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Shipping & Logistics

Matatu crackdown set to be mounted across the country from November 12

Nairobi commuters stranded
Commuters stranded at a bus stage on Ngong Road as public service vehicles kept off the roads on November 5, 2018. Police have started enforcing the dreaded 'Michuki rules' that require vehicles to have speed governors and safety belts, among other things. PHOTO | COLLINS OMULO | NATION MEDIA GROUP 

The ongoing crackdown on non-compliant matatus is meant to “prepare” public service vehicle (PSV) operator across the country as the government makes final steps to start implementing the so-called ‘Michuki rules’ next week.

“This was meant to prepare PSV operators ahead of the major crackdown starting next week across the country,” Traffic Commandant Samuel Kimaru told Shipping and Logistics.

“We want to see PSV operators putting on uniforms, their vehicles fitted with seatbelts and speed governors. All these are provided for in the law and they cannot run away from it.”

Transport Cabinet Secretary James Macharia and his Interior counterpart Fred Matiang’i last month gave matatus operators up to November 12 to comply with the Michuki rules to curb road carnage in the country.

Under the new rules which take effect on November 12, public transport operators must fit their vehicles with speed governors and seatbelts as well as have a yellow continuous line

The crackdown, which started on Monday, left hundreds of city commuters stranded as few matatus that were operating increased fares forcing commuters to pay between Sh150 to Sh200 from the estates to the Central Business District (CBD).

At the Ruai bypass, there were no matatus to ferry passengers into the CBD as police continued to nab vehicles which did not have seatbelts.

In Kasarani, only one operator, Mwiki Sacco Limited, was operating in the early morning and the vehicles were charging between Sh150 and Sh250 to the Nairobi city centre.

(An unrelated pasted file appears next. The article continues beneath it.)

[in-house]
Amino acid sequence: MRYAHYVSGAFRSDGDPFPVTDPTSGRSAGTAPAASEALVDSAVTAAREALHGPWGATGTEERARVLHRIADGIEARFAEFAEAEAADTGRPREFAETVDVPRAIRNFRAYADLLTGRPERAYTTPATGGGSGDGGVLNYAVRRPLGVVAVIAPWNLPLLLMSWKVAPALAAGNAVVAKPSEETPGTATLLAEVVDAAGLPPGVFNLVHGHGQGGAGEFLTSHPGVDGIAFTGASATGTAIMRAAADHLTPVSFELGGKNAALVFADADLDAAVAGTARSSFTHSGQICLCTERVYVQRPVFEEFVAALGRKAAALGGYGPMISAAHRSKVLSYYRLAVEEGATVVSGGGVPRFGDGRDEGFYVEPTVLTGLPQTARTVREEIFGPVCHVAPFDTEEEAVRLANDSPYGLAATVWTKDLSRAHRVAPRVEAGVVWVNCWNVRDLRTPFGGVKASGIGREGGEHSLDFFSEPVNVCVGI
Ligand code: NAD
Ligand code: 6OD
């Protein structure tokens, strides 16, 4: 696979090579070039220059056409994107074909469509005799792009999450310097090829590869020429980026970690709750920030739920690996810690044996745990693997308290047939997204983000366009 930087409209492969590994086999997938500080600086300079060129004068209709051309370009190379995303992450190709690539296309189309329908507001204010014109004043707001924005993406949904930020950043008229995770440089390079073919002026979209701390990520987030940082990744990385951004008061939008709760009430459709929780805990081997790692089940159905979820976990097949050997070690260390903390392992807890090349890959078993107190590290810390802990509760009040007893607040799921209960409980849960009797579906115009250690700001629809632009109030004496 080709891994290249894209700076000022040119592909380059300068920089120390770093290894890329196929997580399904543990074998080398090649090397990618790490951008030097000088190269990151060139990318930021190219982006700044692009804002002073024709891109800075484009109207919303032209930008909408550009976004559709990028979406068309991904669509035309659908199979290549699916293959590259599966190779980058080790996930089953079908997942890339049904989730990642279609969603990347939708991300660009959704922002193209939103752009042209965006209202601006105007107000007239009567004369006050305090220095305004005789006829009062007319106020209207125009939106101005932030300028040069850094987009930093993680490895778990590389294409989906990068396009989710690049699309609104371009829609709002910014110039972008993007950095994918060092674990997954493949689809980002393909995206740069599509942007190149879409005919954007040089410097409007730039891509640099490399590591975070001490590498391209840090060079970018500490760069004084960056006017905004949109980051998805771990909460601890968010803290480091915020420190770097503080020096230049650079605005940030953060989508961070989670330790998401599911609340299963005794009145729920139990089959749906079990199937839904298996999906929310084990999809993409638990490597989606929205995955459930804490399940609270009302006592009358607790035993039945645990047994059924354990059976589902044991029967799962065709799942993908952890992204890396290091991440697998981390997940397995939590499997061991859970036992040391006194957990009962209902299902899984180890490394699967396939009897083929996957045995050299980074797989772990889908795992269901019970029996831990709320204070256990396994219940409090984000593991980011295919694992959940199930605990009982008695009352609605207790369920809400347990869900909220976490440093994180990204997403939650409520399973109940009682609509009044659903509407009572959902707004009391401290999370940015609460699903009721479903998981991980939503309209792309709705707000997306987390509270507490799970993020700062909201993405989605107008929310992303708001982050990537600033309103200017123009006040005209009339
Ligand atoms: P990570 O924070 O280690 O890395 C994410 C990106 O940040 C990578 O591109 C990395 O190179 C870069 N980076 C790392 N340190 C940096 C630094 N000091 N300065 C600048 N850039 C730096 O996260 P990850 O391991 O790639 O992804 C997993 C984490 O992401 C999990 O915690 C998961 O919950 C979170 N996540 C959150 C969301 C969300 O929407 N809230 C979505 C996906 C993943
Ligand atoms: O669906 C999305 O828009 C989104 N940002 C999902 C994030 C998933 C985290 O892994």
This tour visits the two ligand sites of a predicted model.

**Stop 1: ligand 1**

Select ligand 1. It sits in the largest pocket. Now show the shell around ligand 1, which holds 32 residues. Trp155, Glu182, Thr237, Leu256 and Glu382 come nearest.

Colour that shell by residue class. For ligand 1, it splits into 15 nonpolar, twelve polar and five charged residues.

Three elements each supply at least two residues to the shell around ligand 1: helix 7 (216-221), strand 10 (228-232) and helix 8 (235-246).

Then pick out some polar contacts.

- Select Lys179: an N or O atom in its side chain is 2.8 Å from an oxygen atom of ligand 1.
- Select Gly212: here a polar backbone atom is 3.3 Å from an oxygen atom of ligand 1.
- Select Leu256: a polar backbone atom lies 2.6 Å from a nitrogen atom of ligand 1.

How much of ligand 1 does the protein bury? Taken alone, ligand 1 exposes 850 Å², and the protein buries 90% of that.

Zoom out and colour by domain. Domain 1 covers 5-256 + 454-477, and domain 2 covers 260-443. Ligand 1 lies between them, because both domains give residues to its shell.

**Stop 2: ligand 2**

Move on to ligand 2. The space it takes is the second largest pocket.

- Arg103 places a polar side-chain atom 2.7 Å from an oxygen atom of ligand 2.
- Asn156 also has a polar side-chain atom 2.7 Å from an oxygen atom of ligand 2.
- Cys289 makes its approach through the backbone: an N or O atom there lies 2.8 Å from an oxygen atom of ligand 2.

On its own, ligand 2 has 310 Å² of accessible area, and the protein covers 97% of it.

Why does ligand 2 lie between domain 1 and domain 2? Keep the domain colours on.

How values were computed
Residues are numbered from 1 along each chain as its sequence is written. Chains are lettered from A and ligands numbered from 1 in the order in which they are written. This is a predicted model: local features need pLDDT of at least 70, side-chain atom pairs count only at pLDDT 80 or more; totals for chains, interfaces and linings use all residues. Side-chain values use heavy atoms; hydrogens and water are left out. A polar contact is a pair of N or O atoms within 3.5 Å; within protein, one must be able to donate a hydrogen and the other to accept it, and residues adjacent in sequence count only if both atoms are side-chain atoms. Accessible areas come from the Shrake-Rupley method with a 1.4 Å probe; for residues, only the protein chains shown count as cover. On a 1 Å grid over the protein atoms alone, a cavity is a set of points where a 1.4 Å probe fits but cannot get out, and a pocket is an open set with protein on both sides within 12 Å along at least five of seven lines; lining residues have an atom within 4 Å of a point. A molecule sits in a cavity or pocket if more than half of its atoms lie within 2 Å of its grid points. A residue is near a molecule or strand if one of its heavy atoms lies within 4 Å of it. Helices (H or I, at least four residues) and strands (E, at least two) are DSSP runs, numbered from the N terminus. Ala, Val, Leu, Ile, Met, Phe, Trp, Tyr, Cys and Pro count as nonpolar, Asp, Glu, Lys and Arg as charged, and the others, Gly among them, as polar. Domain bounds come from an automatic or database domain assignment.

The matatus were also not entering the city centre, instead dropping off passengers at Ngara, to avoid the crackdown.

Traffic commandant Samuel Kimaru however said police will continue arresting public transport operators who have failed to comply with the Michuki rules.

The rules are aimed at curbing accidents that claimed about 2,214 lives in the nine months to September, according to the National Transport and Safety Authority (NTSA).

The crackdown comes barely a few days after the National Transport and Safety Authority (NTSA) revoked the operator licence of seven matatu saccos that have been plying various routes across the country for lacking vehicles.

NTSA director for registration and licensing, Jacqueline Githinji said the saccos were deregistered for failing to have at least 30 operational Public Service Vehicles (PSV) required by regulations for a sacco to be able to operate.

The saccos that were deregistered includes Molo Sacco, Nairobi’s Hannover Commercial Enterprise and Peja Travellers.

Molo Shuttle Sacco plies the Nairobi-Nakuru-Kisii route, Hannover plies along Waiyaki Way to Kikuyu as well as Thika Road to Kasarani and Mwiki.

Peja Travellers operates along Jogoo Road to Jericho and Maringo.

New Lowland Sacco that operates from Nakuru to Kabarnet and Marigat in Baringo County, and Nairobi Kiruline Services that travels from the capital to Nyahururu via Nyeri, and Gakanango Sacco, have also been deregistred.

Gakanago ferries passengers from Nyeri to Ngobit in Laikipia County.

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